If you haven’t already seen the school busses on the road, or the signs posted everywhere advising that school is back in session, Chris Ware’s cover is yet another reminder that it’s back to school time.

The cartoons

Here, for the record, are the contributing cartoonists in the issue:

A quick survey of each drawing: Ms. Suits gives us a cactus drawing (are cactus the new crash test dummies — this being the second cactus drawing out of the past three issues); Mr. Dernavich provides us with an end of summer roller coaster drawing with some unintentional(?) graphic trickery concerning the track itself; Ms. McNair’s couple have neighborly dinner date issues; Farley Katz takes us to a sturdy cartoon scenario of parent reading to a child at bedtime; William Haefeli up next with his trademark drawing style and an excellent caption; an Edward Koren drawing — allowed a wonderful space on the page. Very nice all around!; Ben Schwartz plays with Rodin’s The Thinker; Ed Steed plays around with a clown and a banana peel (and it’s in color); Zach Kanin visits a game of spin the bottle (a scenario we rarely see); Frank Cotham allows us a peek into a room full of sweaty frock-coated gentlemen; Sara Lautman takes us up up and away to the sky god’s territory; Joe Dator’s drawing of a symphony hall is splendid; Kim Warp’s trash-in-the-sea drawing arrives with trash-in-the sea much in the news.  And finally, a nod to the advent of Fall baseball with a meeting at the pitcher’s mound courtesy of Tom Toro.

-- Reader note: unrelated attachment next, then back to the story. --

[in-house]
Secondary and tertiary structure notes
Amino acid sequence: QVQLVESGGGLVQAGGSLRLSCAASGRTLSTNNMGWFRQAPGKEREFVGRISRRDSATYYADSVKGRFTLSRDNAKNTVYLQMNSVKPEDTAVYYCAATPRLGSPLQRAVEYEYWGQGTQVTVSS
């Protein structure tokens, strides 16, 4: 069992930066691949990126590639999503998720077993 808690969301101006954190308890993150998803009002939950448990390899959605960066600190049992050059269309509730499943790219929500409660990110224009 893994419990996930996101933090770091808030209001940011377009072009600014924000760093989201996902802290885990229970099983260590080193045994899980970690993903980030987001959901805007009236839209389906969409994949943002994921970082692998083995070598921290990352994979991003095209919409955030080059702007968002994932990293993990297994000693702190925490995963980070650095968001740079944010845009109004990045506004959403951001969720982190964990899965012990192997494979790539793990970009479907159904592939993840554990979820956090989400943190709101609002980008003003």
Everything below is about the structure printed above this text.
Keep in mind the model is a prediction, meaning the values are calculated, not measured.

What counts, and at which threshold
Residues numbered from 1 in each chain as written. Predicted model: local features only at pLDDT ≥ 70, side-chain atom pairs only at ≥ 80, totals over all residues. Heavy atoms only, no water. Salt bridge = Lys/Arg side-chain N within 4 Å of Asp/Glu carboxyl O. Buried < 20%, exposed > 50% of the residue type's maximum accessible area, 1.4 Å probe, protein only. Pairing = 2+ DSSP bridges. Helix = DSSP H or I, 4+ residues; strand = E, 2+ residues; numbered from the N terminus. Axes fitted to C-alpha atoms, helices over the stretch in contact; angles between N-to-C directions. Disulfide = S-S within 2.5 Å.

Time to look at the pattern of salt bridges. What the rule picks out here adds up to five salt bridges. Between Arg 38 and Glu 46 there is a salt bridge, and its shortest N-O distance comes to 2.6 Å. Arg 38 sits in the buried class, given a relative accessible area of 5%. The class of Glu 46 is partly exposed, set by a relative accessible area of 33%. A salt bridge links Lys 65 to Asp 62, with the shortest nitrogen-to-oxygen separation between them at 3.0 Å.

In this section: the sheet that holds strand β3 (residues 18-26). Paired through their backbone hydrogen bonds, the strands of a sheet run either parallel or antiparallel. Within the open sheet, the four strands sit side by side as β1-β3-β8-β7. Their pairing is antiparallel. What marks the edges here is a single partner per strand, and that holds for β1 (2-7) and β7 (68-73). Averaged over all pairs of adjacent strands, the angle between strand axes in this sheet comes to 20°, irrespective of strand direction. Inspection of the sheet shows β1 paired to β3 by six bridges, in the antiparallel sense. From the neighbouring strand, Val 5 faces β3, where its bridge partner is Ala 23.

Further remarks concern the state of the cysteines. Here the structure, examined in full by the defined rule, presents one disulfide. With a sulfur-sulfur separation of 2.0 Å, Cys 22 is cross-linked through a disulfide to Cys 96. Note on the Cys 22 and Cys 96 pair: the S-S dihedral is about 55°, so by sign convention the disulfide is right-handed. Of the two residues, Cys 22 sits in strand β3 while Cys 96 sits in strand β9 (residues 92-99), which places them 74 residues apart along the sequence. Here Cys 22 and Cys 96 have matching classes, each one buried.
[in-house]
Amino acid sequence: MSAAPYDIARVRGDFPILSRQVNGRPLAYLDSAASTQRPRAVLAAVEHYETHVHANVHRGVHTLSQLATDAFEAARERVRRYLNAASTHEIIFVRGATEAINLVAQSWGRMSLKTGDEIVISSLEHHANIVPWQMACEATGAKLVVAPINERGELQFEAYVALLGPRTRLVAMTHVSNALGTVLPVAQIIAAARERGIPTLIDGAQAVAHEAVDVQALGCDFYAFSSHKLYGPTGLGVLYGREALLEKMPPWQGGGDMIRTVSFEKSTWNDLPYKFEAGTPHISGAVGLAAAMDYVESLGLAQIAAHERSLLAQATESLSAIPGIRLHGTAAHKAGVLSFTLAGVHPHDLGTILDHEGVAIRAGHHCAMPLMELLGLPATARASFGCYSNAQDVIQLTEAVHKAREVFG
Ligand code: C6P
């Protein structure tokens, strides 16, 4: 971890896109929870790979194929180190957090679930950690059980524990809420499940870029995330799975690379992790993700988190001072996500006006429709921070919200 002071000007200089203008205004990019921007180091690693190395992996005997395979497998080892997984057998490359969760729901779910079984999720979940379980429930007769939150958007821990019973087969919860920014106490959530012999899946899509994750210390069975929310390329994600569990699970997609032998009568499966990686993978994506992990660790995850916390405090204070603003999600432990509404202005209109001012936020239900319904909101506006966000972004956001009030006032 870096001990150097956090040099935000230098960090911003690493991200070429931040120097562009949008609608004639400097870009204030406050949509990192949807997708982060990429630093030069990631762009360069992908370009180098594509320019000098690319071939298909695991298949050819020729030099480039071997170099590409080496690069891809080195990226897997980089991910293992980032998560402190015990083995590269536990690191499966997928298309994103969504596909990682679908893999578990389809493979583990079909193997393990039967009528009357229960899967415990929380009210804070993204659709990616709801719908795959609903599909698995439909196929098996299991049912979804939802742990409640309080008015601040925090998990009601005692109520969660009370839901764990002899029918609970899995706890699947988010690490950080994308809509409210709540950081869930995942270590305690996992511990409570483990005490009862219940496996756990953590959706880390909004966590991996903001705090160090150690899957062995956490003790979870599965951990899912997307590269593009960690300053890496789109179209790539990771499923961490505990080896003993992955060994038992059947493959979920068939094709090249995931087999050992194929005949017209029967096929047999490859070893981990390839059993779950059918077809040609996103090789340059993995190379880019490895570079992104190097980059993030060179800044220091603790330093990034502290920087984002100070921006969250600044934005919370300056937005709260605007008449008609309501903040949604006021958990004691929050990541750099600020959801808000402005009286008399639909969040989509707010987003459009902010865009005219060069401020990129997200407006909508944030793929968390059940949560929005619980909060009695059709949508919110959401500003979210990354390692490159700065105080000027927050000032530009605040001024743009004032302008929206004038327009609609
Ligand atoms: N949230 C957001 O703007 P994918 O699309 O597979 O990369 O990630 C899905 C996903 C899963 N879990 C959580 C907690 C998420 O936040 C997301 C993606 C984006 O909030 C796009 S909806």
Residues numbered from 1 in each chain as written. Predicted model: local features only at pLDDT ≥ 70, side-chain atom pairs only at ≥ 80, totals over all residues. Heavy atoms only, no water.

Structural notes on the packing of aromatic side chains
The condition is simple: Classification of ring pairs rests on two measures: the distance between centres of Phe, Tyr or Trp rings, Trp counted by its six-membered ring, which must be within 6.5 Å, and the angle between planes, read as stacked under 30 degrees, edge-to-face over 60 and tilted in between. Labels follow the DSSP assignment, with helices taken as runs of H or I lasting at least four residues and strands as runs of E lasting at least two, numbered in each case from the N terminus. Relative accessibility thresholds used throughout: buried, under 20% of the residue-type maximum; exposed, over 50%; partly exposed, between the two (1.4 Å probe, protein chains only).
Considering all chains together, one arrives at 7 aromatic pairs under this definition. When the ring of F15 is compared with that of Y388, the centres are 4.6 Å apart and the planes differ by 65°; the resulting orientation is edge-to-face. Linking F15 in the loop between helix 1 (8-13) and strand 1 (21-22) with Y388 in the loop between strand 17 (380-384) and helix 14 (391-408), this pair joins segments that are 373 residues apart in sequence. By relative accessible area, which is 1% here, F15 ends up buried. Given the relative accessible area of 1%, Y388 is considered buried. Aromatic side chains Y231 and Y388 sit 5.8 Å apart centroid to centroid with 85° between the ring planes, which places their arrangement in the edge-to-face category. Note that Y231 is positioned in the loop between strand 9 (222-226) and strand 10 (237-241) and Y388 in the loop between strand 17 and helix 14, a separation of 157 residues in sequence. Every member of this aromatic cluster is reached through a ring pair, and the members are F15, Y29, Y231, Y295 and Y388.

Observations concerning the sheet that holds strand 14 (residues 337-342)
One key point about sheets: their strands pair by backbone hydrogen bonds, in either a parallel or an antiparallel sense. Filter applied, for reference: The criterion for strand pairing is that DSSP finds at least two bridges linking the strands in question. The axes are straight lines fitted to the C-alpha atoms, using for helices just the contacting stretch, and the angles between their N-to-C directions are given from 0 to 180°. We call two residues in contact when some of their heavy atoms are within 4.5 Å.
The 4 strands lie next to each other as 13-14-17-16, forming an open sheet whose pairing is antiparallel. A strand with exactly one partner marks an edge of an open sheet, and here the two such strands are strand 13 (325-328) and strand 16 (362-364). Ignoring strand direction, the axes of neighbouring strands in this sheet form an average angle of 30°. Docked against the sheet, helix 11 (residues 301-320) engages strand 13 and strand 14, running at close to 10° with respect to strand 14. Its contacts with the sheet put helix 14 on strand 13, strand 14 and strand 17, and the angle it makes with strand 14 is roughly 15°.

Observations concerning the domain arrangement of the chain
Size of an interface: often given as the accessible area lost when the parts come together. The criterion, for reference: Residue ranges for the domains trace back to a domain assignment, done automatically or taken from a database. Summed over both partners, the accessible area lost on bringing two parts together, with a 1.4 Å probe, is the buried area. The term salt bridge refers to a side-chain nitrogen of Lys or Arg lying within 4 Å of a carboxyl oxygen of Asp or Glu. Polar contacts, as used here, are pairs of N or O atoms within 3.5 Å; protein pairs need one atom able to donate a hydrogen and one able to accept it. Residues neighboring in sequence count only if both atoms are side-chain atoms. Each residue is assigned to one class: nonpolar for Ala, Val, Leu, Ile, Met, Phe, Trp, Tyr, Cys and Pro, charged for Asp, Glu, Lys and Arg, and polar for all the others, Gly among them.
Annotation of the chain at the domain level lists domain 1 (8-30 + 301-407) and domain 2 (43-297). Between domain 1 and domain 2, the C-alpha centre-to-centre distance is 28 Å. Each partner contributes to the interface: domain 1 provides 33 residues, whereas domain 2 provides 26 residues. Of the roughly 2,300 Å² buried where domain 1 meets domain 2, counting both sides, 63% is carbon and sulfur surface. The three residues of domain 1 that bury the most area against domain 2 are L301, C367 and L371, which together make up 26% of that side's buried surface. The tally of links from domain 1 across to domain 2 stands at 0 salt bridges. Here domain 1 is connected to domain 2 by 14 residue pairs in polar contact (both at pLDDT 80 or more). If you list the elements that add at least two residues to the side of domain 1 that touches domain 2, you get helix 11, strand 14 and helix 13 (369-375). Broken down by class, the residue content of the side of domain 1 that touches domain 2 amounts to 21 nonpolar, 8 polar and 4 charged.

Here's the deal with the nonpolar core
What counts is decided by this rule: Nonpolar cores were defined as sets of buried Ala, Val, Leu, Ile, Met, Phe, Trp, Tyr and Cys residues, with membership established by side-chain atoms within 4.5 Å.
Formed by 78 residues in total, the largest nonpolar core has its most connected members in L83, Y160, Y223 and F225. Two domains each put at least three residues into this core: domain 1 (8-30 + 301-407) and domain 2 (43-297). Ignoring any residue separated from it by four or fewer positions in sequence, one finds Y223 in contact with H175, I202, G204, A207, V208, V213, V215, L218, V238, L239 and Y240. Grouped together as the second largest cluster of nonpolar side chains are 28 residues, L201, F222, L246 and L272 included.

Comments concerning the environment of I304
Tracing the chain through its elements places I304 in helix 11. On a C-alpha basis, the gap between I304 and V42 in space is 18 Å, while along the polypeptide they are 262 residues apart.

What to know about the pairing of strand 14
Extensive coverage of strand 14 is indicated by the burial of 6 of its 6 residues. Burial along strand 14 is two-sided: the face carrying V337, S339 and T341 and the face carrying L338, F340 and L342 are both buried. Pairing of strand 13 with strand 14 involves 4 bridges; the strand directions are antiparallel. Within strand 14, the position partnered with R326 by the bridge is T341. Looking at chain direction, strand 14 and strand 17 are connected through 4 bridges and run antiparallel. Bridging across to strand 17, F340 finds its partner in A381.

The issue arrives sans Rea Irvin’s classic masthead. Here it is:

I can’t let mid-September slip by without mentioning the issue of September 11, 1925 (cover by the aforementioned Mr. Irvin).  

New Yorker history buffs will recall that the magazine was nearly put to rest in the Spring of its first year of publication. If not for an overheard remark, the New Yorker would’ve been a magazine that lasted less than half a year. Instead of killing the magazine, it was decided to coast through the summer,  putting renewed energy into the issue of September 12th. You can read about the specifics on content here courtesy of A New Yorker State of Mind.